Things have been extremely busy over the last few weeks for We Are Here, with lots of extra work to do. We are very fortunate that working together with personal contacts, as well as the wider Northern Greece volunteer community, many of our team have been able to attend training sessions to improve our work. Recently these have included topics such as Teaching English, Legal Information, First Aid, as well as advice on more sensitive issues such as Trauma and Psychological First Aid. Many thanks to all who have given up time to help us be better at what we do!
Learning about the legal processes of seeking asylum in Europe, we heard some interesting news about Family Reunification in Germany. Although it’s always been a slow process, Germany has been reunifying over 300 families a month, and has recently lowered that figure to 70. This means that families may have to wait another three years in Greek limbo, until they are finally allowed to go to their families in Germany, if they are accepted at all. We’ve learned that living like this: waiting for months and years with little hope, independence or control over your own life, can be as traumatising as the awful events which forced people to flee their homes in the first place. Mobile Info Team has begun a petition to send to the German Interior Minister, which they hope will draw attention to the situation and hopefully put pressure on Germany. Please, sign and share widely! https://www.change.org/p/family-reunification-from-greece-lâ€¦
We are in full Ramadan swing here, with people not eating or drinking during daylight hours. For We Are Here, this means being sensitive to people’s new schedules of prayer and rest, especially in the summer heat we are already experiencing here. The weather conditions encourage people to stay inside their air-conditioned containers, where they may feel most comfortable. We have adjusted the schedule to Ramadan requests, but are still experiencing a lull in numbers at the moment. Still, with our new ideas, techniques and resources for teaching, those who attend lessons and workshops are hopefully receiving better quality teaching, catered more for them.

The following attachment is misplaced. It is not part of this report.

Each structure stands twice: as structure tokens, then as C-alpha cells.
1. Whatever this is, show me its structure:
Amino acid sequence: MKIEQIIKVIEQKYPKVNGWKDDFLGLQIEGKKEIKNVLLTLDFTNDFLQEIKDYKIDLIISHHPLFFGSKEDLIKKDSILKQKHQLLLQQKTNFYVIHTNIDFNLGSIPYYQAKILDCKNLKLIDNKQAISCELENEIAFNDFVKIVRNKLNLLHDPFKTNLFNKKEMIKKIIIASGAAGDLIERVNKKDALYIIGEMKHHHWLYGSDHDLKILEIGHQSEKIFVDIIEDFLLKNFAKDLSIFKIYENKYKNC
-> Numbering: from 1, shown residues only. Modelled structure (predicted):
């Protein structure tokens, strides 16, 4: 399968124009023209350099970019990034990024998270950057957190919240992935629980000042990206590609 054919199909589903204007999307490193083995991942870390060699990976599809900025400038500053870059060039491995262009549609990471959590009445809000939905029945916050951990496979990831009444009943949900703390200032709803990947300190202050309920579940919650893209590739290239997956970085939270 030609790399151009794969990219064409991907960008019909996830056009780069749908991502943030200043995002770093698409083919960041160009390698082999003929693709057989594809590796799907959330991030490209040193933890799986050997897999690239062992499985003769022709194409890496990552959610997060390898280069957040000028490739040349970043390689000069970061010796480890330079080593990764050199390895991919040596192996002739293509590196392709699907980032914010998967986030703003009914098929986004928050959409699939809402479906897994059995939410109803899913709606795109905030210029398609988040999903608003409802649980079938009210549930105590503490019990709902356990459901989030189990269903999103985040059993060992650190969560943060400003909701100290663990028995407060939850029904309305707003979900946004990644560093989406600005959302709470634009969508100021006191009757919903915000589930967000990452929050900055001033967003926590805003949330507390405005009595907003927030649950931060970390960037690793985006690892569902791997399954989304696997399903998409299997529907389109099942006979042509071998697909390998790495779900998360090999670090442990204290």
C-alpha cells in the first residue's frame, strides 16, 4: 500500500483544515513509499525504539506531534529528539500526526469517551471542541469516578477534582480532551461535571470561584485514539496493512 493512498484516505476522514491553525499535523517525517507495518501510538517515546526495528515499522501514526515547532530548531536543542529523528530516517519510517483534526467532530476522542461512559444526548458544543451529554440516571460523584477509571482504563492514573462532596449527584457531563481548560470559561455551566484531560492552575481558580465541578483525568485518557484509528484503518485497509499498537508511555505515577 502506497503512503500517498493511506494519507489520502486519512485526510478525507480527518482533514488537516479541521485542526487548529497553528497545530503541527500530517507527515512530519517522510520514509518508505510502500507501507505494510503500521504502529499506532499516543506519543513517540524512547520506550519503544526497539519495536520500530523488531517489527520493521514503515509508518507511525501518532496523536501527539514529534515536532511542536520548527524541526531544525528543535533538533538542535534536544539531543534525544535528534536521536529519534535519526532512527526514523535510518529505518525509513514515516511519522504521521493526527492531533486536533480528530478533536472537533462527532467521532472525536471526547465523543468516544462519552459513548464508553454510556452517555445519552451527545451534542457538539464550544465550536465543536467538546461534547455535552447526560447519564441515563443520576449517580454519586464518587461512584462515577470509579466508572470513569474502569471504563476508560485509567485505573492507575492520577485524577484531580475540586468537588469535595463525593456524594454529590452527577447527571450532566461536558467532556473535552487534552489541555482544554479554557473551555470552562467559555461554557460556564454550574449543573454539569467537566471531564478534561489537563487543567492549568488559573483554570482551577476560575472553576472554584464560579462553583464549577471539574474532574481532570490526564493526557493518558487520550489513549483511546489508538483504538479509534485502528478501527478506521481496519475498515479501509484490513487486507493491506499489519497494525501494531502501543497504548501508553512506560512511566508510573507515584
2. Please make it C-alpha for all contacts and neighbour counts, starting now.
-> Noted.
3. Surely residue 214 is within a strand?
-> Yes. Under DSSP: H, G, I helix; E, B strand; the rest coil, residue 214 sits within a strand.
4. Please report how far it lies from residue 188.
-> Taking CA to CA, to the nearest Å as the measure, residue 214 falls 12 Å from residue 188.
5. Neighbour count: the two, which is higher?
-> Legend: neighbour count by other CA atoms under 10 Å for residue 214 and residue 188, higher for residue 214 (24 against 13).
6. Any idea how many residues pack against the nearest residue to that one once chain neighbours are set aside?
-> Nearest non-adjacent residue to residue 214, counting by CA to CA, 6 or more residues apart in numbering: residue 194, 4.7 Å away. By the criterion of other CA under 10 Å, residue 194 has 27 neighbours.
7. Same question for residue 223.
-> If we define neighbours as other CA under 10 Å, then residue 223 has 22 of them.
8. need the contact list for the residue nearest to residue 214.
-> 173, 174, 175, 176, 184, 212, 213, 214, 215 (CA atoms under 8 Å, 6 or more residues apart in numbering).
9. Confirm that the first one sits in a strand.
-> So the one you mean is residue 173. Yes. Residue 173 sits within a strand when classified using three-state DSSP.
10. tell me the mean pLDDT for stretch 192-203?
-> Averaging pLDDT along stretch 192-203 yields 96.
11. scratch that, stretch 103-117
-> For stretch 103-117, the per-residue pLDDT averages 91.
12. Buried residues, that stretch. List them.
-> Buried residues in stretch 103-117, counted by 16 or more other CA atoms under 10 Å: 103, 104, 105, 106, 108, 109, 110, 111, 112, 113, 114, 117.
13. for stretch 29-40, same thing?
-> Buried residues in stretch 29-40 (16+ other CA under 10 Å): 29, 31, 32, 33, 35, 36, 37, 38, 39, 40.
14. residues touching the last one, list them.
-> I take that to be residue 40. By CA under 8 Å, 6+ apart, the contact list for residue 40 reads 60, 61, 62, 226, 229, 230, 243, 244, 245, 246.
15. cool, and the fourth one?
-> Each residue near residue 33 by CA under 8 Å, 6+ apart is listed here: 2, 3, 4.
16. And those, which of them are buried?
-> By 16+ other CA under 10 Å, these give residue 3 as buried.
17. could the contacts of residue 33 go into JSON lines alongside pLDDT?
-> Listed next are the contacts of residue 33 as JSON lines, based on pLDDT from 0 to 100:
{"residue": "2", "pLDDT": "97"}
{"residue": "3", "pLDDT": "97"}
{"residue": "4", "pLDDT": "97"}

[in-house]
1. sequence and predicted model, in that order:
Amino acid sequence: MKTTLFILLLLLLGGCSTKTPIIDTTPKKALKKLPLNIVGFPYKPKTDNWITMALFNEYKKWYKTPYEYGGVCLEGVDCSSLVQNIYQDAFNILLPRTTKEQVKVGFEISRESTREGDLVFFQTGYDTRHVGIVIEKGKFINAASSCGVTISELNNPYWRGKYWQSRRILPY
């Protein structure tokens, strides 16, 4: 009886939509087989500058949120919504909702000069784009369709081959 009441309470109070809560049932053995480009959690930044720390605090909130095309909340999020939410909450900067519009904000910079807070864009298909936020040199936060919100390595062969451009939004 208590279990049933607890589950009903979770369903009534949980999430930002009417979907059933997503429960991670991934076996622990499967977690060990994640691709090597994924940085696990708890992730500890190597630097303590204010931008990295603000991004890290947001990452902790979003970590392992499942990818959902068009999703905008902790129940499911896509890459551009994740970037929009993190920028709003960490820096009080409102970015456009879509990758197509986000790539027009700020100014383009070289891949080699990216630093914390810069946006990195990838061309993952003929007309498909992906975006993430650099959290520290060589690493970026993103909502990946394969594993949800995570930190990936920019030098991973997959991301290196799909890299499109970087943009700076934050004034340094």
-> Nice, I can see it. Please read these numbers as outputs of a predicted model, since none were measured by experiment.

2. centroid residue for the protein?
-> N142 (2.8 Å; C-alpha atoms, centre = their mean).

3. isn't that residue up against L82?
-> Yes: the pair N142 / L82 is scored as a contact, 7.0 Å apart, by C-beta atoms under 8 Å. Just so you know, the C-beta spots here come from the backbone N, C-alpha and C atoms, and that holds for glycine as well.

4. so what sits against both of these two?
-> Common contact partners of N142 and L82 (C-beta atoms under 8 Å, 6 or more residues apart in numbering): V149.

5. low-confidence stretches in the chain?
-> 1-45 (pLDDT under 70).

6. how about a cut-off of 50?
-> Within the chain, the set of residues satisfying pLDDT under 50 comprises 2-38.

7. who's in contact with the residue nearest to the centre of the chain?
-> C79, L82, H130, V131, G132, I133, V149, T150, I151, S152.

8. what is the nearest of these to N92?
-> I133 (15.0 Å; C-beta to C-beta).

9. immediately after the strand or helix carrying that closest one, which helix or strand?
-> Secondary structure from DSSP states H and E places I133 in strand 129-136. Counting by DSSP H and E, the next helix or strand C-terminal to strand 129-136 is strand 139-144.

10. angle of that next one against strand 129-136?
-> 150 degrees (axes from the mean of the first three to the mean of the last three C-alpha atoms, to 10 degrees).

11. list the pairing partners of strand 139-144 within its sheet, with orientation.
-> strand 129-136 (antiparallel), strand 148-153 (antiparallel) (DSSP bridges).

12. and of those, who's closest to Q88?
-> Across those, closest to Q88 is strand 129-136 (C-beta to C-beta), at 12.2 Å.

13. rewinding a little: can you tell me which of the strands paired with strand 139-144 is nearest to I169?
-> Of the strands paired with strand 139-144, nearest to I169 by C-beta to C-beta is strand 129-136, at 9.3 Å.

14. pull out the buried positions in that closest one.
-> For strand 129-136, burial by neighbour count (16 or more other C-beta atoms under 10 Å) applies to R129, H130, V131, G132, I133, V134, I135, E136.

This Satartday was another great success, of wool weaving for the older children, and threading cut-up straws to create a bead curtain for the pre-fives. We made individual wool decorations, as well as worked communally on an on-going gigantic version of the same. Everyone was impressed how well their creations turned out, and enjoyed concentrating on the intricate workings of hand-eye coordination. Last week we made a large drum/shaker/loud thing with the older children and individual hand shakers with the younger children.
Almost all the children (and adults) are now from the ‘new arrivals’, moving to the camp since March. It takes some time to get to know them, and for them to become accustomed to the routine, but we seem to be getting there. Especially for our newest residents, we are working on an Info Point in the library, with information about local Greek and camp services. We hope such things as maps of Greece and Europe, local bus timetables, opening hours of important shops etc. will empower people with their daily routines.